In classes like this I like to talk about HOW to read books when you have more reading to do than time in the day. First few sessions we go around the room and students say what method they used and if they think it helped them understand the book. Demystifies what profs do…
— Rachel Shelden (@rachelshelden) July 10, 2019
My advisor used to add this bit to his seminar syllabus which I found both comical and helpful. pic.twitter.com/hUgnvCLd6N
— Camden Burd (@CamdenBurd) July 9, 2019
How to read a book in one hour. https://t.co/i2wkhSyeEA
— Larry Cebula (@larrycebula) July 10, 2019
how to write a book or other (exhibition, etc.) review that is not formulaic, comprehensive, and boring. learned this late! and am still working on it.
— Nicole Belolan (@nicolebelolan) July 9, 2019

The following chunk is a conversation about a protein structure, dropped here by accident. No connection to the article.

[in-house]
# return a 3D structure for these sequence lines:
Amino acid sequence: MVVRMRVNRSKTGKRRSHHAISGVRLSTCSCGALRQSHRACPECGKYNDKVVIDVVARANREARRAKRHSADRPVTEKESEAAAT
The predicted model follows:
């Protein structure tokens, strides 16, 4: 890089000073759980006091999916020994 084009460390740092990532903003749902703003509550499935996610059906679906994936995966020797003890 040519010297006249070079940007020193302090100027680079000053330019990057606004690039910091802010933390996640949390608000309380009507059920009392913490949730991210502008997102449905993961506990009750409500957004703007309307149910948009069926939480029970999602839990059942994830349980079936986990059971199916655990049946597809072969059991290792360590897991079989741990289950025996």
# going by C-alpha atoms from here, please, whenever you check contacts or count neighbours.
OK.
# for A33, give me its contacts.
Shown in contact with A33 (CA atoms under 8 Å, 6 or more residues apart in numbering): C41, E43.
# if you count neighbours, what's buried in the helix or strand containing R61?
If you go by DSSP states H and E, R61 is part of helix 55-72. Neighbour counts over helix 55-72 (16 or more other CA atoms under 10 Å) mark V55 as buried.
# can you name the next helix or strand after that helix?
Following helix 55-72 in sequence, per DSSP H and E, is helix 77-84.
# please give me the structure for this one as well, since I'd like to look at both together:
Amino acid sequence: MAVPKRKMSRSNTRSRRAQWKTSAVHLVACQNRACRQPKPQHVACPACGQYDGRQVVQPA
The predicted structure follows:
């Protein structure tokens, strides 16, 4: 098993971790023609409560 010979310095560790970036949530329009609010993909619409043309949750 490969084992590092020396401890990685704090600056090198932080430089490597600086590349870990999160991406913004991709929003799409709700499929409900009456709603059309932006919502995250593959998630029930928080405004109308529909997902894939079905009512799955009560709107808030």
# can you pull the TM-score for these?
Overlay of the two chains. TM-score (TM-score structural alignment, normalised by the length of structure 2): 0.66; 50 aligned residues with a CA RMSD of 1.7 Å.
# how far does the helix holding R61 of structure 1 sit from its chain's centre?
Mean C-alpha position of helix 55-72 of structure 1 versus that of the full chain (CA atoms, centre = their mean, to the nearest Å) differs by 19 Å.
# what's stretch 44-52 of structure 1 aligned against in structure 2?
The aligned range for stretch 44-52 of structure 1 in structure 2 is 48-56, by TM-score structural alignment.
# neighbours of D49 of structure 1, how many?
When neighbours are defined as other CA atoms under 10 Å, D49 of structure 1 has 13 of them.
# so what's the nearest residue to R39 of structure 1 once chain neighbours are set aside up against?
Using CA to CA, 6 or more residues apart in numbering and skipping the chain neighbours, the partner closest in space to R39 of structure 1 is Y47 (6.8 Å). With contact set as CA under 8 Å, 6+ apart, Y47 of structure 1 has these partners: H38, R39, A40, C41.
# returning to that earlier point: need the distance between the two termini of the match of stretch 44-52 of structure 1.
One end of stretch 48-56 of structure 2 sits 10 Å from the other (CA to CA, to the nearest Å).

How to give helpful editorial feedback to peers’ drafts of writing
How to build cohort or network in various settings
— Jeff T (@zavoodie) July 10, 2019
Some basics on the “nuts and bolts” of the profession, including how to work with an advisor, find research grants (I didn ‘t know such things existed for grad students!), write a strong letter and vita, how the job marketS (academic and others) work, how to build a career.
— (((Daniel Mandell))) (@D_historyMan) July 10, 2019
How to read a primary text in context. A good end of course project would be to pick a primary text and examine the conditions/context under which it was produced.
— Lilian Calles Barger (@LilianBarger) July 9, 2019
It’s going to sound vague, and I’m not sure how one teaches it, but emotional intelligence and equilibrium — keeping things (scholarly and non-) balanced in your brain. I would have loved to talk honestly about self-doubt, fear, etc.
— Shawn Peters (@shfrpeters) July 10, 2019
How to manage digital and physical notes and source databases. I wish we were taken around to diff profs and had them show us their process for keeping track of their work/information.